Plain packaging, bigger health warning on tobacco products in Singapore soon

Examples of plain cigarette packaging in Canada. (FILE PHOTO: Reuters/Chris Wattie)

There may soon be no more eye-catching branding on cigarette packages in Singapore, as the Ministry of Health (MOH) announced on Wednesday (31 October) that it is introducing standardised plain packaging for all tobacco products.

In addition, the size of graphic health warnings on tobacco products will be enlarged from 50 per cent of each packet to at least 75 per cent.

These measures will apply to all tobacco products including cigarettes, cigarillos, cigars, beedies (thin cigarettes wrapped in a leaf), ang hoon (loose tobacco leaves) and other roll-your-own tobacco products.

MOH will be proposing these changes to current laws early next year. If enacted, the new measures could take effect from 2020.

Efforts to discourage smoking in Singapore

These new measures are part of MOH’s efforts to discourage smoking and achieve sustained declines in the overall smoking rates, in particular the male smoking rate.

More than 2,000 Singaporeans die prematurely from smoking-related diseases each year. Since 2004, there has been no clear pattern of sustained decline in daily smoking prevalence. More worryingly for MOH, more than one in five adult men still smoke daily – a male smoking rate which is higher than countries such as Australia, New Zealand, Britain and the United States.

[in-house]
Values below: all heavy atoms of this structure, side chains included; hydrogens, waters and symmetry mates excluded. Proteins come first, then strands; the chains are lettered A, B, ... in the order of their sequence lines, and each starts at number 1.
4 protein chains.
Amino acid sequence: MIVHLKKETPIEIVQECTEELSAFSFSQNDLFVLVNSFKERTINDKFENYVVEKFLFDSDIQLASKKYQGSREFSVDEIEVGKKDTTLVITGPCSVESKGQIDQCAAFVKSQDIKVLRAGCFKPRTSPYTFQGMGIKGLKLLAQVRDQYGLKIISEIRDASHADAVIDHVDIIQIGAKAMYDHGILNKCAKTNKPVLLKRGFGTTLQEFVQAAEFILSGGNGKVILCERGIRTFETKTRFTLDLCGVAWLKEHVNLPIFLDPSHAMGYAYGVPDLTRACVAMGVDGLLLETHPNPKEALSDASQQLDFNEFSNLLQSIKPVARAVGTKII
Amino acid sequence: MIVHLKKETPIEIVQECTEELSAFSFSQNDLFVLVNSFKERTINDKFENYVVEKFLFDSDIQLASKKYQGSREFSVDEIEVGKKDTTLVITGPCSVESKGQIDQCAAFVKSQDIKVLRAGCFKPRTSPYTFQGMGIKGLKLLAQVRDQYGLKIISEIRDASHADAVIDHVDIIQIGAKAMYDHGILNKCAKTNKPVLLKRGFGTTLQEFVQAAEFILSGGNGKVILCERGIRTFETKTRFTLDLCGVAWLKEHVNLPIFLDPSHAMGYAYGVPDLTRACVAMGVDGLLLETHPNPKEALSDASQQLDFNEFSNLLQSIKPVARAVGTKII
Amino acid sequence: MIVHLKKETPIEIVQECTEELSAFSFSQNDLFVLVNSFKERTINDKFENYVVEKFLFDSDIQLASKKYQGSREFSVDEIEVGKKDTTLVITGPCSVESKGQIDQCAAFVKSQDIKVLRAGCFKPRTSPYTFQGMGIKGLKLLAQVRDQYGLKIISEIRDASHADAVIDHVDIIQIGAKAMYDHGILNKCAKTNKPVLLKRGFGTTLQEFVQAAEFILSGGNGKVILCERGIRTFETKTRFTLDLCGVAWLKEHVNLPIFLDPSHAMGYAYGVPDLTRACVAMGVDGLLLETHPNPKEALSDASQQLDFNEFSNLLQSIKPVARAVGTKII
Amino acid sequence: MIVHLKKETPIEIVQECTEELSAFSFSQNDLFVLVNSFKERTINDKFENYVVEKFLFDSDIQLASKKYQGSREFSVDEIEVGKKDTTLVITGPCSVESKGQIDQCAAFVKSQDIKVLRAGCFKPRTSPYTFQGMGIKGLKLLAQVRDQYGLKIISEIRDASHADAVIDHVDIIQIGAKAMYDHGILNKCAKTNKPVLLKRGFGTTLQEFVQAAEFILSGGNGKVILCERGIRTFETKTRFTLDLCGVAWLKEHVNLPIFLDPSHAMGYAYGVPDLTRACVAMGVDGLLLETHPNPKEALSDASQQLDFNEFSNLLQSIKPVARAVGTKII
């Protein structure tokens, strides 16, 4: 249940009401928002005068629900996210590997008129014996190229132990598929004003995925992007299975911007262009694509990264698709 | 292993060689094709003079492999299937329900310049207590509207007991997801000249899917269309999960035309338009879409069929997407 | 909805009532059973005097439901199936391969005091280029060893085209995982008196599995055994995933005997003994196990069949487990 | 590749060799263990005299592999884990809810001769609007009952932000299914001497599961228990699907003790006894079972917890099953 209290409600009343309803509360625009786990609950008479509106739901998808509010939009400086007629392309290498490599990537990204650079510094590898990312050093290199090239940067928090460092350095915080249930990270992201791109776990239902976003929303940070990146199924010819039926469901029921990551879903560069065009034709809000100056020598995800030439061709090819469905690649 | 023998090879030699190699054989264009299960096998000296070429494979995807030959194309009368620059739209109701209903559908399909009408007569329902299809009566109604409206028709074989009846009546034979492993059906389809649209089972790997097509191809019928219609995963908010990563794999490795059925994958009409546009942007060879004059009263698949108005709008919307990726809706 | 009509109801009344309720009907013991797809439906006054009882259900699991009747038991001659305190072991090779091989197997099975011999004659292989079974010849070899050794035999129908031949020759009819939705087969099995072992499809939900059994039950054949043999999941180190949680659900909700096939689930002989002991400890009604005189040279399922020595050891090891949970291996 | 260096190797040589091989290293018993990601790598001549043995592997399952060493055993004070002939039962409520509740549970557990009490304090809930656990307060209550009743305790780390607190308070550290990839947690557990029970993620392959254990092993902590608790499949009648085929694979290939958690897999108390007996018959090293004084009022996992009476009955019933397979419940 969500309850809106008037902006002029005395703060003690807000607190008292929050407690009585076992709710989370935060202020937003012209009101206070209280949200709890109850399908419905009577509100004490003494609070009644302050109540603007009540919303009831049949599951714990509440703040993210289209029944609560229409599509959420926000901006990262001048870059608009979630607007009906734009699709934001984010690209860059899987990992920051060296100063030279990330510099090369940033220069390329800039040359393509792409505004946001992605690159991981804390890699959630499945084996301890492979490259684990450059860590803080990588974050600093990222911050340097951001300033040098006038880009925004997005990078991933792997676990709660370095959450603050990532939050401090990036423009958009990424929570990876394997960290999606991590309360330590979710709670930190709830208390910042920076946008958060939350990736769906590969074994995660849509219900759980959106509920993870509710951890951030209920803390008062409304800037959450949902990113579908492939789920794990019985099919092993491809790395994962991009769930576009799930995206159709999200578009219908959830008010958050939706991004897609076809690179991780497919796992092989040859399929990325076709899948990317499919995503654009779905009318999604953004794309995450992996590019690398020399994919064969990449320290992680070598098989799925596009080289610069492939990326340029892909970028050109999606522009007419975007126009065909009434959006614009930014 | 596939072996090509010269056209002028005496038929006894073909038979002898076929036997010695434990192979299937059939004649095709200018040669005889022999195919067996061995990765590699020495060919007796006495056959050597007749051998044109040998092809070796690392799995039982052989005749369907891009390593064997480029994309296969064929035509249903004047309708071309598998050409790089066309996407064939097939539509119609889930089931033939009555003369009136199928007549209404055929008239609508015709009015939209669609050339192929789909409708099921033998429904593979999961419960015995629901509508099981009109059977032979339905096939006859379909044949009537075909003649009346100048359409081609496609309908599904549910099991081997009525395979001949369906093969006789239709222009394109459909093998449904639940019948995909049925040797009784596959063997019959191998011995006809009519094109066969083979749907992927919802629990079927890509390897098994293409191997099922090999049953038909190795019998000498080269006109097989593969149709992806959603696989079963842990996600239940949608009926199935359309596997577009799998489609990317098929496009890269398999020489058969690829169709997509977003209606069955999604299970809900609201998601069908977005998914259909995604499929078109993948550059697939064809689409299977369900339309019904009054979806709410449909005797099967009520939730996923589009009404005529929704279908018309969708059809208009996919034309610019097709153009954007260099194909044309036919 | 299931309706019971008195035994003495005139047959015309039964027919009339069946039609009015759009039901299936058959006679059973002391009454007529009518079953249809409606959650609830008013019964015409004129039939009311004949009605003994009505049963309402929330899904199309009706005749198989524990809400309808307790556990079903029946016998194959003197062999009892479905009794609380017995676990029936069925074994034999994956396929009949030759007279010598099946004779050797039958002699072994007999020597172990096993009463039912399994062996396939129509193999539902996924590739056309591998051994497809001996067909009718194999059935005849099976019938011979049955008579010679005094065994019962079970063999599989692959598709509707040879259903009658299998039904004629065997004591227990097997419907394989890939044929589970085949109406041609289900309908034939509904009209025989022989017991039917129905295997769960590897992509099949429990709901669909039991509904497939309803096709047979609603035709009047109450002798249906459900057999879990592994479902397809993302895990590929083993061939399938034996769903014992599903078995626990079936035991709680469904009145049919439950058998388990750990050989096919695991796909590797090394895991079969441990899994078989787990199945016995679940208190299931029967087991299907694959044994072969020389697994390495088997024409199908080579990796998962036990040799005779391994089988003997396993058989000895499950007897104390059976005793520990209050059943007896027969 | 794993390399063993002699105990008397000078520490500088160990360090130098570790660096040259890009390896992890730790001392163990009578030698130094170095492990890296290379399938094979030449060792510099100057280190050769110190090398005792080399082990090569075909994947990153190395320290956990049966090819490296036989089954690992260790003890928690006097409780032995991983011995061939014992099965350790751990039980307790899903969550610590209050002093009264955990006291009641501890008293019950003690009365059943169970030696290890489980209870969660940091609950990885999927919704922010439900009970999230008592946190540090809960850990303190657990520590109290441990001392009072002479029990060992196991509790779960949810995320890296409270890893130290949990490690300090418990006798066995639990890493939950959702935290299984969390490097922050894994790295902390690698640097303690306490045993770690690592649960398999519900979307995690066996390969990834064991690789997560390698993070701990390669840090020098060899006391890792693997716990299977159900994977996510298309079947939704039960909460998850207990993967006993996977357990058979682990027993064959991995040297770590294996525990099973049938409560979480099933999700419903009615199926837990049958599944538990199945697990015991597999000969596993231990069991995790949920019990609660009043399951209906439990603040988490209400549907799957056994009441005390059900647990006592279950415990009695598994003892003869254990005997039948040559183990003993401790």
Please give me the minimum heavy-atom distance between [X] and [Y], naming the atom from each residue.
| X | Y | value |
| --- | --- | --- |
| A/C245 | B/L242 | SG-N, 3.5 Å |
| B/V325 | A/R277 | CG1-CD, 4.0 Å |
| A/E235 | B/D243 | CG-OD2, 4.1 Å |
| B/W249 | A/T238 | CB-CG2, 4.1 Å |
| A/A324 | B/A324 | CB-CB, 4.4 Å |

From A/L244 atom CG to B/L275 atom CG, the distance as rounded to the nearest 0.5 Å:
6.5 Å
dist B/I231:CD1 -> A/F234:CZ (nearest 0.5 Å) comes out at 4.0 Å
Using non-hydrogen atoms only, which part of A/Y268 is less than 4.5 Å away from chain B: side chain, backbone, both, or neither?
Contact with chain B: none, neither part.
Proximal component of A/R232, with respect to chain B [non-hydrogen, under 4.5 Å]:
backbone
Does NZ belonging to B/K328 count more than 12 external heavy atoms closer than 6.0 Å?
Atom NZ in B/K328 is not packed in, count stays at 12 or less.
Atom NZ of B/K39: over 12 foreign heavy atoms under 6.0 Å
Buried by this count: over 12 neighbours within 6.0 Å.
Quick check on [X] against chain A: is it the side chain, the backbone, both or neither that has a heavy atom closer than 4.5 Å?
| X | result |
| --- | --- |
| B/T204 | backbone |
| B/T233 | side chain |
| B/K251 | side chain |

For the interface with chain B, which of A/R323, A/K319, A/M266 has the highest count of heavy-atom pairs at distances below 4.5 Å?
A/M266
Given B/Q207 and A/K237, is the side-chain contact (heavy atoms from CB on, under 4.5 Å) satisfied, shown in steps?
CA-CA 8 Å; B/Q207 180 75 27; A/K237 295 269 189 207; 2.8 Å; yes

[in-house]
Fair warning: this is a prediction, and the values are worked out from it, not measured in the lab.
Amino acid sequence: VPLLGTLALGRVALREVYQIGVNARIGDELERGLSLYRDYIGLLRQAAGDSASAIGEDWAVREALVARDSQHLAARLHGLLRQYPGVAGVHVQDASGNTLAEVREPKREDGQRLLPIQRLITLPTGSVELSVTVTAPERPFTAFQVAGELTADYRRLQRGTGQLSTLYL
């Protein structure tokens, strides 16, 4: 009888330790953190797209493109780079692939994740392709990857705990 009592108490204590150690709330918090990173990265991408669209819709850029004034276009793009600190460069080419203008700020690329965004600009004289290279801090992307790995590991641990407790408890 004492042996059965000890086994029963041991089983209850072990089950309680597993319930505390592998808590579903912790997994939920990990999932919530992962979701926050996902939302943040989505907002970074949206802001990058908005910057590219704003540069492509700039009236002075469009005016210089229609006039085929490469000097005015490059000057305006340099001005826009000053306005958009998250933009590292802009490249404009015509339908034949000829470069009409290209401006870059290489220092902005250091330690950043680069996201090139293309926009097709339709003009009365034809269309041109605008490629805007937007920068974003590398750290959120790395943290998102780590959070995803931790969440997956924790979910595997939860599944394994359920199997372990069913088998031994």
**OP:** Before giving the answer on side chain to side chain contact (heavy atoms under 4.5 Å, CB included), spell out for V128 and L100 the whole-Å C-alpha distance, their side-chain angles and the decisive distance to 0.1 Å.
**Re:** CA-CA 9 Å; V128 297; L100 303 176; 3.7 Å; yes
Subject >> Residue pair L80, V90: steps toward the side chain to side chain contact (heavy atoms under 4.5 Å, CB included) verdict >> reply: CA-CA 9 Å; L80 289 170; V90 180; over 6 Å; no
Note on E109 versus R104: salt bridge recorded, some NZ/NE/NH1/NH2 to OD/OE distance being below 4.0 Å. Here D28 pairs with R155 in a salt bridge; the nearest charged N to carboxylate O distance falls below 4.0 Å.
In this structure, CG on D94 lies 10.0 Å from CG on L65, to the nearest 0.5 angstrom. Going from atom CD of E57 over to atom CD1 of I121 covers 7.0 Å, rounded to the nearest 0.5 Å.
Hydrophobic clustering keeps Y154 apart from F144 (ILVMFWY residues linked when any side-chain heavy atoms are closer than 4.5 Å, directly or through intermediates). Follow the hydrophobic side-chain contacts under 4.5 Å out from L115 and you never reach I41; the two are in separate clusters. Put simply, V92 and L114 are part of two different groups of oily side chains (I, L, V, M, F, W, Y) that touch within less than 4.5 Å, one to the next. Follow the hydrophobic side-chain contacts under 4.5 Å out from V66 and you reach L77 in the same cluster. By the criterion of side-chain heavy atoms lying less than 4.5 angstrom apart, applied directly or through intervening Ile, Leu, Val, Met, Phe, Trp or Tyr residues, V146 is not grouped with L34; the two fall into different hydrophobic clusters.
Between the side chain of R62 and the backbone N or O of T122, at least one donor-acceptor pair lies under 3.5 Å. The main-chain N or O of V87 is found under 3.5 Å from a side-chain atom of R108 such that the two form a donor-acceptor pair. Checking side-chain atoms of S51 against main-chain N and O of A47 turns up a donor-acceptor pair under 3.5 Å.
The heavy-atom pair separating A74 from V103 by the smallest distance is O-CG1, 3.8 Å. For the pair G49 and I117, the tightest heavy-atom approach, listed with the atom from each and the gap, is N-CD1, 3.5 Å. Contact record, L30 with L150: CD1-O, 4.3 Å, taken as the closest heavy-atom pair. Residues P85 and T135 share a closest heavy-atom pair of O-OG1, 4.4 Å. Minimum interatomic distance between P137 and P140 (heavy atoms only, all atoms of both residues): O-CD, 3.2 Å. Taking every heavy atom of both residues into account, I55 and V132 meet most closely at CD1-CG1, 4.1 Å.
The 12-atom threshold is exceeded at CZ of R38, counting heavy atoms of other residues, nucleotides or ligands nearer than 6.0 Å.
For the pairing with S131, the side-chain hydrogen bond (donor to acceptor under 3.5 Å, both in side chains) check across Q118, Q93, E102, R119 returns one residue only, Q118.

After conducting public consultations and studies from 2015 to June this year, MOH has come up with a proposal for a standardised layout for tobacco products. All logos, colours, brand images and promotional information will be removed, as the products will be sold only in a standardised colour and a matte finish. The size, shape and material of all retail packages are standardised and open according to a standard format.

Brand names and product names will be allowed, but only in a standard colour and font style. The products must also display mandatory graphic health warnings that must take up at least 75 per cent of the package’s surface.

MOH said that these measures will “contribute to achieving broader tobacco control aims such as discouraging non-smokers from picking up smoking, encouraging smokers to quit, and encouraging Singaporeans to adopt a tobacco-free lifestyle, which will lead ultimately to reduced smoking prevalence”.

Plain packaging first introduced in Australia

The plain packaging measure has been introduced in countries such as Australia, France and Britain. Australia was the first country to implement this measure in 2012.

MOH said, “Evidence from numerous studies, including from Australia following the implementation of standardised packaging, demonstrated that standardised packaging reduced the appeal of both the packaging and the product. It is the Government’s assessment that changes in consumption can occur as a result of reducing overall product appeal.”

Singapore has taken multiple steps to curb smoking and the public’s exposure to second-hand smoke. In February, a 10 per cent hike in tobacco excise duty was imposed, resulting in excise duties on cigarettes increasing to 42.7 cents per stick, up from 38.8 cents previously.

In October last year, an existing smoking ban was expanded to outdoor areas of universities, private schools and private-hire cars. Orchard Road will also be transformed into a smoke-free zone by the end of this year.

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